23. Parrizas M, Saltiel AR, LeRoith D. Insulin-like growth factor 1 inhibits apoptosis using the phosphatidylinositol 3'-kinase and mitogen-activated protein kinase pathways. J Biol Chem 1997; 272:154-61.
24. Merimee TJ, Zapf J, Froesch ER. Insulin-like growth factors. Studies in diabetics with and without retinopathy. N Engl J Med 1983; 309:527-30.
25. Grant M, Russell B, Fitzgerald C, Merimee TJ. Insulin-like growth factors in vitreous. Studies in control and diabetic subjects with neovascularization. Diabetes 1986; 35:416-20.
26. Smith LE, Kopchick JJ, Chen W, Knapp J, Kinose F, Daley D, Foley E, Smith RG, Schaeffer JM. Essential role of growth hormone in ischemia-induced retinal neovascularization. Science 1997; 276:1706-9.
27. Warren RS, Yuan H, Matli MR, Ferrara N, Donner DB. Induction of vascular endothelial growth factor by insulin-like growth factor 1 in colorectal carcinoma. J Biol Chem 1996; 271:29483-8.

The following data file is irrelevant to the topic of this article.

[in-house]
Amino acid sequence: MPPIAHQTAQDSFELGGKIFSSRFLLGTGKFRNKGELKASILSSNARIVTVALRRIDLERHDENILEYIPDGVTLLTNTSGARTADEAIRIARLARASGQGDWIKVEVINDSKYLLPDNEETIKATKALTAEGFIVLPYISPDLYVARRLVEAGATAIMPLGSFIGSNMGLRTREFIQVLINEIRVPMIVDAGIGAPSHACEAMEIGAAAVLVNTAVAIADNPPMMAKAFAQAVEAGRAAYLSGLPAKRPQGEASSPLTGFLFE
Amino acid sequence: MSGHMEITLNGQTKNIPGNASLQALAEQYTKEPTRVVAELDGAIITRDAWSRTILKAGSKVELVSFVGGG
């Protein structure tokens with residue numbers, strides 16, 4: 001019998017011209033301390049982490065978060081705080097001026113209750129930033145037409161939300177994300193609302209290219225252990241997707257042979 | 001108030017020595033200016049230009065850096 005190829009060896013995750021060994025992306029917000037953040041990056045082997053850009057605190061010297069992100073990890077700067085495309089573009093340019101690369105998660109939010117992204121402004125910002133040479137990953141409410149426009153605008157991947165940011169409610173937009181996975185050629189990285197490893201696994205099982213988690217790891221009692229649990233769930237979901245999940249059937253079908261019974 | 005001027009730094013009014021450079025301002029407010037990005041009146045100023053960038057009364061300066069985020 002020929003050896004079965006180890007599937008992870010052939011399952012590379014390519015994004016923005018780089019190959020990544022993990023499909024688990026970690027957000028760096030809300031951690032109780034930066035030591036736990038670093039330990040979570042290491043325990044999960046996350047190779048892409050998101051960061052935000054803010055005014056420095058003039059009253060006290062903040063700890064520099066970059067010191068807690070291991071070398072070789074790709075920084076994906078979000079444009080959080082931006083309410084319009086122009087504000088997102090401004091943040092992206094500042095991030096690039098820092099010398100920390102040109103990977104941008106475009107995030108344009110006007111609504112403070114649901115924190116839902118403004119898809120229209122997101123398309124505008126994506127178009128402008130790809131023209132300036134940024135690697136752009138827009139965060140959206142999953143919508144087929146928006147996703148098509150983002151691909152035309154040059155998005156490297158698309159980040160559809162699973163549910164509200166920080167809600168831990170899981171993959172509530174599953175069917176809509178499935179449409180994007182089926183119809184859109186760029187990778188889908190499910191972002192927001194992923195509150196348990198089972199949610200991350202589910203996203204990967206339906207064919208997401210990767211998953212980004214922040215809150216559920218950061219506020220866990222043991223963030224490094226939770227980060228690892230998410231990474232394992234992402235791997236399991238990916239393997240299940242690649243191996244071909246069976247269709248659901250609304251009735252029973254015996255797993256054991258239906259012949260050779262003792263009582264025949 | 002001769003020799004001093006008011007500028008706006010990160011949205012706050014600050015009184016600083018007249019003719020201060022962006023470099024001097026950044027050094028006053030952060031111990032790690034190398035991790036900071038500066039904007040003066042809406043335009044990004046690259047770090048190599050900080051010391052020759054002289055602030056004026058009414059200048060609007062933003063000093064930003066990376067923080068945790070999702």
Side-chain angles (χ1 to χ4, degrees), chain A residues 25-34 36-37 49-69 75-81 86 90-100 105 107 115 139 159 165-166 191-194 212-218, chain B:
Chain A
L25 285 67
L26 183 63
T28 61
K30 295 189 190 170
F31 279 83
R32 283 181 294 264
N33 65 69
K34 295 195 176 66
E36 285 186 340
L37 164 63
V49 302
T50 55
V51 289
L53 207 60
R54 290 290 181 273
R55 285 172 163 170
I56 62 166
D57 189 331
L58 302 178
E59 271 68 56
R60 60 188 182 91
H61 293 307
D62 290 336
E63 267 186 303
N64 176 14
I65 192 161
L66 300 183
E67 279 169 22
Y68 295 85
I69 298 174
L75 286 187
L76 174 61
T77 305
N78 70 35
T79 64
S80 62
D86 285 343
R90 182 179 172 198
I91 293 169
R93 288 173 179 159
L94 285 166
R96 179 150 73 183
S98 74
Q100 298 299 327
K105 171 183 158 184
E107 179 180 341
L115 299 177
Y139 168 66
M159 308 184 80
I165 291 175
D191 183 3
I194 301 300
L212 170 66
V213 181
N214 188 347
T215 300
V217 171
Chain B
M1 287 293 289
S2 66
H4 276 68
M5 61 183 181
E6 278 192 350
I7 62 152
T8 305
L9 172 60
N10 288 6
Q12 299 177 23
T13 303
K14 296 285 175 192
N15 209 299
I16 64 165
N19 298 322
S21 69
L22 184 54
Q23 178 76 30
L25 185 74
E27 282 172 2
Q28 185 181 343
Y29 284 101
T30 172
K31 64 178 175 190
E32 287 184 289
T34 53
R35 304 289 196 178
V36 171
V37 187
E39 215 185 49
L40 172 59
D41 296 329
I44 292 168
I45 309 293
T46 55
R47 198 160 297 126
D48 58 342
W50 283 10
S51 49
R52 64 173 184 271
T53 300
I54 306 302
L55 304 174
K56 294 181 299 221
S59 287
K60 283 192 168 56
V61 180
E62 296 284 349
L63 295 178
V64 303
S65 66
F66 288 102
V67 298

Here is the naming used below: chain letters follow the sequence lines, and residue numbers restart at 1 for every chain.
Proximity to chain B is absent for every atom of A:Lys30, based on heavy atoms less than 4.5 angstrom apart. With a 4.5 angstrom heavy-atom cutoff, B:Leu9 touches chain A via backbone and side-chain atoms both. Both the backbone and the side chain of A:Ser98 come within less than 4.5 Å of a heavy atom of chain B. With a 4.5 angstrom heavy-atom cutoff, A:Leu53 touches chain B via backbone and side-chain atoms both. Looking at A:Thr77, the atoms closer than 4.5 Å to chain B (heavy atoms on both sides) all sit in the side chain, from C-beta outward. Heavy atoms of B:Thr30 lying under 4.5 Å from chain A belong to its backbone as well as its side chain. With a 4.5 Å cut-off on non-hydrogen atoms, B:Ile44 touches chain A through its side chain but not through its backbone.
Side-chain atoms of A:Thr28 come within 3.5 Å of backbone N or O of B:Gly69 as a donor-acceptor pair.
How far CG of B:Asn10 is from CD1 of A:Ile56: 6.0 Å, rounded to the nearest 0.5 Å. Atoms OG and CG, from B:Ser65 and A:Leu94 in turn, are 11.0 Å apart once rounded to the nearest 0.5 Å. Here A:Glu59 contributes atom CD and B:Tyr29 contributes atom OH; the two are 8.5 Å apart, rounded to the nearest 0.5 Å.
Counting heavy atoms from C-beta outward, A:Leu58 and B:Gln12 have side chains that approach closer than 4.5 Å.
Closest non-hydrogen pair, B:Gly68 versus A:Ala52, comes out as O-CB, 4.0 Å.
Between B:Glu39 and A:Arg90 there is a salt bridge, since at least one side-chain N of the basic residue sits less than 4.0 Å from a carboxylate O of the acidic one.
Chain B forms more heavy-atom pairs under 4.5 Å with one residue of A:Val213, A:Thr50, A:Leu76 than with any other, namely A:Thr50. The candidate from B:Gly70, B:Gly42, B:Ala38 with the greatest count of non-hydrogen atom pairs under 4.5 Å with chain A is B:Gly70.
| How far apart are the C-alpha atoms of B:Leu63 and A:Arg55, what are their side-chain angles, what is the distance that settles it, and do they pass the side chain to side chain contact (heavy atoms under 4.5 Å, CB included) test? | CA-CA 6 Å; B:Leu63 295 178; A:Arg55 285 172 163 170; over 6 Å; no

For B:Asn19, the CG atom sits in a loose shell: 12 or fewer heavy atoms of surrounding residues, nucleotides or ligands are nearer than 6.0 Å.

28. Thrailkill KM, Quattrin T, Baker L, Kuntze JE, Compton PG, Martha PM Jr. Cotherapy with recombinant human insulin-like growth factor I and insulin improves glycemic control in type 1 diabetes. RhIGF-I in IDDM Study Group. Diabetes Care 1999; 22:585-92.
29. Burfeind P, Chernicky CL, Rininsland F, Ilan J, Ilan J. Antisense RNA to the type I insulin-like growth factor receptor suppresses tumor growth and prevents invasion by rat prostate cancer cells in vivo. Proc Natl Acad Sci U S A 1996; 93:7263-8.
30. Kaicer EK, Blat C, Harel L. IGF-I and IGF-binding proteins: stimulatory and inhibitory factors secreted by human prostatic adenocarcinoma cells. Growth Factors 1991; 4:231-7.
31. Bohlke K, Cramer DW, Trichopoulos D, Mantzoros CS. Insulin-like growth factor-I in relation to premenopausal ductal carcinoma in situ of the breast. Epidemiology 1998; 9:570-3.
32. Clemens A, Klevesath MS, Hofmann M, Raulf F, Henkels M, Amiral J, Seibel MJ, Zimmermann J, Ziegler R, Wahl P, Nawroth PP. Octreotide (somatostatin analog) treatment reduces endothelial cell dysfunction in patients with diabetes mellitus. Metabolism 1999; 48:1236-40.